This question comes from a paramedic student (hopefully this isn’t an assignment question). This student says:
I have been doing some research into automated external defibrillators (AED) and why despite over 30,000 sudden cardiac arrests occurring in Australia every year, legislation does not require our large public businesses (shopping centres, libraries, etc) to have an available AED. I was referred to you by my Law and Ethics lecturer as an expert in Emergency Law.
I was hoping you may be able to point me in the right direction as far as the current national legislation relevant to AED’s and any other legislation, etc that may prove helpful in my review of current standards.
A search of current legislation (Acts and Regulations) for the word ‘defibrillator’ shows that there is very little relevant legislation. ‘Defibrillator’ appears in the following current Acts and Regulations;
- Health Insurance (General Medical Services Table) Regulation 2015 (Cth) – Schedule 1 General medical services table – providing for a payment for medical practitioners conducting an ECG ‘on premises equipped with mechanical respirator and defibrillator’;
- Non Emergency Patient Transport Regulation 2005 (Vic) providing that a vehicle used for transporting ‘medium and high acuity’ patients is to be equipped with a defibrillator (Schedule 9 and reg 51) and that staff are trained in how to use it (reg 24);
- Aviation Transport Security Regulations 2005 (Cth) reg 1.09 which exempts a defibrillator from the definition of a ‘weapon …capable of being used to administer an electric shock’;
- Cremation Regulations 1954 (WA) Appendix A, form 7 – where a medical practitioner is required to answer the question ‘At the time of death was the deceased fitted with a cardiac pacemaker, defibrillator or other battery operated implant or device?’; and
- Workers’ Compensation and Injury Management (Scales of Fees) Regulations 1998 (WA) – Schedule 1 which provides for payment for ‘Anaesthesia for… insertion of automatic defibrillator …’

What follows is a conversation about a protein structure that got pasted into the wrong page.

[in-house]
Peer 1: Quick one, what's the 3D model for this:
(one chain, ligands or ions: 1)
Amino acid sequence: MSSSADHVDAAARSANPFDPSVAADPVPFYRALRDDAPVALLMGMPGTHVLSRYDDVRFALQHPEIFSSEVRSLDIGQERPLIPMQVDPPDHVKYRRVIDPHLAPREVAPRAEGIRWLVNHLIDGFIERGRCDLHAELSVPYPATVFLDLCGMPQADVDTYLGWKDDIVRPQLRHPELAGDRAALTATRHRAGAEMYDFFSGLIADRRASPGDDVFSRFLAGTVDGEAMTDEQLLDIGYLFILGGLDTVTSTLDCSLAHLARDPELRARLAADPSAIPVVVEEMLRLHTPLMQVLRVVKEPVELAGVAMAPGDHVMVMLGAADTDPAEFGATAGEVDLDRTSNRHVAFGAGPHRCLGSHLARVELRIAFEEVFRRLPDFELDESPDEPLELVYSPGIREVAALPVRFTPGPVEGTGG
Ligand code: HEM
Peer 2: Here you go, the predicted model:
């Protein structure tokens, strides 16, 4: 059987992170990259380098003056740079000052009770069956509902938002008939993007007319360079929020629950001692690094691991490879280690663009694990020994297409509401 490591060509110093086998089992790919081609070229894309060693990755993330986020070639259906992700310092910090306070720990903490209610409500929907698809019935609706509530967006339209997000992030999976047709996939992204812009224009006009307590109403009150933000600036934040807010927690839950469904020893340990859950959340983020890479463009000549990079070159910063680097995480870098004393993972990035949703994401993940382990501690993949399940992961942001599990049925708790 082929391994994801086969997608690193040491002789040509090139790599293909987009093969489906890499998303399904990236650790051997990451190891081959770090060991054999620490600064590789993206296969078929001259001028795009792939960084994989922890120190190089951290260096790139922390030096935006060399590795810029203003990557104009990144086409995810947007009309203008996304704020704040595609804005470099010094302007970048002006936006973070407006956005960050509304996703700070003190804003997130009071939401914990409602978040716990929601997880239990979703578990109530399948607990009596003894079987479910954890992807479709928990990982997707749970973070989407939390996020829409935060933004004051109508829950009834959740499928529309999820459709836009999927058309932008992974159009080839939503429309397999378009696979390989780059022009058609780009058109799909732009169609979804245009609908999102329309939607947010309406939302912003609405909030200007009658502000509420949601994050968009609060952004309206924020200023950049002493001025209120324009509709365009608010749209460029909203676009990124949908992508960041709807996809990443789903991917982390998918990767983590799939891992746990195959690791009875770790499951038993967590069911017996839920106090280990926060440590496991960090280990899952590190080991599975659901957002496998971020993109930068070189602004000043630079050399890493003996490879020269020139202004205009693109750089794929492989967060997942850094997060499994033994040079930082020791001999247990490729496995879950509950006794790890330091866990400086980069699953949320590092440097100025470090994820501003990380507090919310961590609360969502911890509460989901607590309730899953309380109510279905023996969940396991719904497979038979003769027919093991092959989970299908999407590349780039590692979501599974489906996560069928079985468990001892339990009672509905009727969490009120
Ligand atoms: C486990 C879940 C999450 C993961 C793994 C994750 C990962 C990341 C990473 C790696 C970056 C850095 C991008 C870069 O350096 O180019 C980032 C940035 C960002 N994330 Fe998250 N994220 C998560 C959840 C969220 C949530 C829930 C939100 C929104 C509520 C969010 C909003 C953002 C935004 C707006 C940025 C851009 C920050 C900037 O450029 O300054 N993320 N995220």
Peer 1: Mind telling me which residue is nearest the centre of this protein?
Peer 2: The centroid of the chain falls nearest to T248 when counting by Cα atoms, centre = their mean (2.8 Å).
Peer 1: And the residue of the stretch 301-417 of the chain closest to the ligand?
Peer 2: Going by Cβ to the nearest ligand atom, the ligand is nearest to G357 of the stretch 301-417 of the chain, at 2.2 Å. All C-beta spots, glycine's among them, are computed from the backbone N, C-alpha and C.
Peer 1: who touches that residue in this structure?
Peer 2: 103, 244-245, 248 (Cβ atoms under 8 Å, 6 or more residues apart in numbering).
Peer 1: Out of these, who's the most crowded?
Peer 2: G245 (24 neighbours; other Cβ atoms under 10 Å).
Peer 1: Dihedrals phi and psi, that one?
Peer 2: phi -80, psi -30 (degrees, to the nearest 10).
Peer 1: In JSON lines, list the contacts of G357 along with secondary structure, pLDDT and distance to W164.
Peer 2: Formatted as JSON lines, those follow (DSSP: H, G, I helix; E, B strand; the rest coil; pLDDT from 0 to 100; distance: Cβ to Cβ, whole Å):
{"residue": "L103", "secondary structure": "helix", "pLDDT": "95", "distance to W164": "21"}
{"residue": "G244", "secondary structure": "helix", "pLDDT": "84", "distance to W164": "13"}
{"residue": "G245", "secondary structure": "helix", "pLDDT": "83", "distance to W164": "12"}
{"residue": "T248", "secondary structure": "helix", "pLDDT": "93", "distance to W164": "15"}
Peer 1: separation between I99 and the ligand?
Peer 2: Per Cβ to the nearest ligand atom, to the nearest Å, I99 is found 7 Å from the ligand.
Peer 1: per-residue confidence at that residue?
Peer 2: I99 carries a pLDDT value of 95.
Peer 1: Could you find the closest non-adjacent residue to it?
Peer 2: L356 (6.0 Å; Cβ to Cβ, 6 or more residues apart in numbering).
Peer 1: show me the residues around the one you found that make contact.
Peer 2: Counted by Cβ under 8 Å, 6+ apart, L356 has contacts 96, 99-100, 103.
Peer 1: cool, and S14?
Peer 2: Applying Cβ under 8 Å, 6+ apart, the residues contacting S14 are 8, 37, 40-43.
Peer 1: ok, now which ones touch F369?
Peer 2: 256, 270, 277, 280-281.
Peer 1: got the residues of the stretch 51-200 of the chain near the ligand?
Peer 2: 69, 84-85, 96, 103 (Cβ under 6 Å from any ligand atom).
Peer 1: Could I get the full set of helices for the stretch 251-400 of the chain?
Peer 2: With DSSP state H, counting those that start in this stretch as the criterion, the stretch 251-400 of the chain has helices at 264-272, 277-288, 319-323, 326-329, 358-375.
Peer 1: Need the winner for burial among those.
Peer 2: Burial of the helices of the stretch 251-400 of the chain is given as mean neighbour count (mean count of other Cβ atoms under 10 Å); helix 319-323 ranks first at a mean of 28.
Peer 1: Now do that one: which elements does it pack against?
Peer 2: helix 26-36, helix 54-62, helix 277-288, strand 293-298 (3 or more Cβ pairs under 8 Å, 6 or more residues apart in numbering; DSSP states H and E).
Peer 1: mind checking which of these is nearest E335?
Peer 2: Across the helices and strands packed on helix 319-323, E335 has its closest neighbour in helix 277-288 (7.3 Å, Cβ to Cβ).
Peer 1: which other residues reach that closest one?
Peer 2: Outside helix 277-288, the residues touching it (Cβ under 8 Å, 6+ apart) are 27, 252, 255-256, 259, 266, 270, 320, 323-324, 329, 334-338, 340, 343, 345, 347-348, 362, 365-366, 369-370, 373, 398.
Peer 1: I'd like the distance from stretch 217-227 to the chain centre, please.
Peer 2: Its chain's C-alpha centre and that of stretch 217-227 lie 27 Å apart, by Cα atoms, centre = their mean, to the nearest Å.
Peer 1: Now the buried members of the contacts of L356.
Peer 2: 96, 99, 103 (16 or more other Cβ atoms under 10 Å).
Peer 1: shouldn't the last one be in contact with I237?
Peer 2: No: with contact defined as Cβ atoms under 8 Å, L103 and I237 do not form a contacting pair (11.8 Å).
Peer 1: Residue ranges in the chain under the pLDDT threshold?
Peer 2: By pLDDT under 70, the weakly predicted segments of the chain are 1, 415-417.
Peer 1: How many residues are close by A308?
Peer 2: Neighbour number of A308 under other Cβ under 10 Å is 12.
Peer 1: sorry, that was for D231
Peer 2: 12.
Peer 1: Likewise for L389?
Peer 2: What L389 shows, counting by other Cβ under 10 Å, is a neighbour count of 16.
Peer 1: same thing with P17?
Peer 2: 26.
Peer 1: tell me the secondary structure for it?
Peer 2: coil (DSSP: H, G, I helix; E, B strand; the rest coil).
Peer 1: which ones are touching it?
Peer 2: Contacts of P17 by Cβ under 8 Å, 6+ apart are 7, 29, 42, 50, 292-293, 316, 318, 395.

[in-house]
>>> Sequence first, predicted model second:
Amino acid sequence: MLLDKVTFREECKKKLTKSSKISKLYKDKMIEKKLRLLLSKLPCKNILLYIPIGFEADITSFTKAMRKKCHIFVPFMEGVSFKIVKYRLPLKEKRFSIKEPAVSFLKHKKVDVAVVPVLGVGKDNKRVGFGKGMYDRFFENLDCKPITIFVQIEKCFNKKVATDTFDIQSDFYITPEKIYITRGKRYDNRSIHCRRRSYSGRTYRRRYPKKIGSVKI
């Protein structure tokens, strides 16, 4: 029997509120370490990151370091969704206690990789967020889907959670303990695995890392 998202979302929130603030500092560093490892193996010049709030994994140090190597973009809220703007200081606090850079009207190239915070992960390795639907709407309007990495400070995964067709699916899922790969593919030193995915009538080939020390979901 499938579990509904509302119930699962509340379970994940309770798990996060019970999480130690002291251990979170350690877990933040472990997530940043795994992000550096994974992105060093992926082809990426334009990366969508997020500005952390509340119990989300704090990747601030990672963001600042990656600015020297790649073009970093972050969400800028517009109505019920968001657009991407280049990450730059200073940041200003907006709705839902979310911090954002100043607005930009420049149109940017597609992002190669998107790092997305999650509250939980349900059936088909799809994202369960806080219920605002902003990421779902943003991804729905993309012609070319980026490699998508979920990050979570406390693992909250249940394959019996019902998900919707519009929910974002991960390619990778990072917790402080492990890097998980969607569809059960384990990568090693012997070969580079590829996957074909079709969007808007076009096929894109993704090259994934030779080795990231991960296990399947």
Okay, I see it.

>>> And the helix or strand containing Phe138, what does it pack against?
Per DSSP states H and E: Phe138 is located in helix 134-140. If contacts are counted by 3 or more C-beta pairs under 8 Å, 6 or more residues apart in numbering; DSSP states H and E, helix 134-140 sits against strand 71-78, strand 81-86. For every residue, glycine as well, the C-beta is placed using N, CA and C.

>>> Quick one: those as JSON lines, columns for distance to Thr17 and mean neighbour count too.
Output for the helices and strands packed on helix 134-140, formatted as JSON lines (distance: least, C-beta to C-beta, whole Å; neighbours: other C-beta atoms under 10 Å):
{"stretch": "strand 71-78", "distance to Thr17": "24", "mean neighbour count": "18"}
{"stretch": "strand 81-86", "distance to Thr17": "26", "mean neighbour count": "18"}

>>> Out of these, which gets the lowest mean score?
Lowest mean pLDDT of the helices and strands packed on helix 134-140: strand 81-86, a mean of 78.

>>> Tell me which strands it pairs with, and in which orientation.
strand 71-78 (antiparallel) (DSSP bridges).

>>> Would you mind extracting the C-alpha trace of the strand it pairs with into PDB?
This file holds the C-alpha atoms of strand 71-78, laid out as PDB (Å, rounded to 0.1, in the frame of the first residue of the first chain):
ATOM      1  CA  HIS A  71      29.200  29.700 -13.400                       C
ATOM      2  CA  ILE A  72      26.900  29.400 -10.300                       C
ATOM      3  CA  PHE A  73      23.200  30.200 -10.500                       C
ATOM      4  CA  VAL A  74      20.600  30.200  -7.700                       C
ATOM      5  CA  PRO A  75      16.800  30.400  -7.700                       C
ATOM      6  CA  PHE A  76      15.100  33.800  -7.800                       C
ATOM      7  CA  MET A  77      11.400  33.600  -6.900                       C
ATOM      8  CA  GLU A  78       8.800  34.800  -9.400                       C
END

Relevant legislation with respect to standards will be standard consumer and product legislation such as the Competition and Consumer Act 2010 (Cth) requiring that products are fit for purpose and properly designed and manufactured.
Other relevant legislation would be the relevant work health and safety laws. For example, the Work Health and Safety Regulation 2011 (NSW) requires an employer to ensure that there is provision for first aid at the workplace. As with other aspects of this Act, this requires a risk assessment. Some workplaces such as shopping centres may well consider that there is a sufficient risk to warrant putting in a defibrillator.
So why isn’t it compulsory for large public businesses (shopping centres, libraries, etc) to have an available AED? I’m speculating here but I can think of a number of issues.
First I’m told that there are 30 000 sudden cardiac arrests a year in Australia. That would equate to about 82 per day. The chance that on any given day there will be a sudden cardiac arrest we can assume is 1. But the chance that it will happen in any given location, shopping centre or library is very small. To give a personal anecdote, I’ve been trained in first aid since I was 13 years old. I have never had to do CPR simply because I was the right person at the right spot at the right time. Putting an AED in a spot, even a high traffic spot like a train station or shopping centre does not mean it will ever be in the right spot.
Even if the AED is close to a person with a cardiac arrest it does not mean it will be used. Someone would have to know that the AED is there, or likely to be there. An untrained person may not know what an AED is let alone to look for one. Even if they can see it they are unlikely to know what it is or that it is something that could be used without training. The chance that there is an AED and a trained person at the right place at the right time is even lower.
Having an AED does cost. Not only the purchase price but maintenance and training staff. Requiring premises to have an AED adds compliance costs, ie some process to ensure that the rules are being complied with.
None of this is to suggest that they are not a good idea, but one can see why businesses may not be willing to invest and more importantly, why governments may not want to compel business to invest in the equipment that imposes a cost with limited chance that it will be used.
The next issue is that this would require extensive cooperation within government. The Department of Health does not regulate shopping centres and whatever government department is regulating those places is not necessarily aware of the issue.
Regulating to impose an obligation upon private citizens and businesses to invest in equipment that may not ever be used may not be politically prudent and could well fail to meet the standards set by the Office of Best Practice Regulation. Although that office is about Commonwealth law, states are also required to consider the impact of regulations and whether the costs warrant the benefits.
It is likely that making the installation of an AED compulsory would impose significant costs to achieve limited benefit, would be politically unpopular and would be inconsistent with current trends to reduce red tape and compliance costs; but as I say this is mere speculation.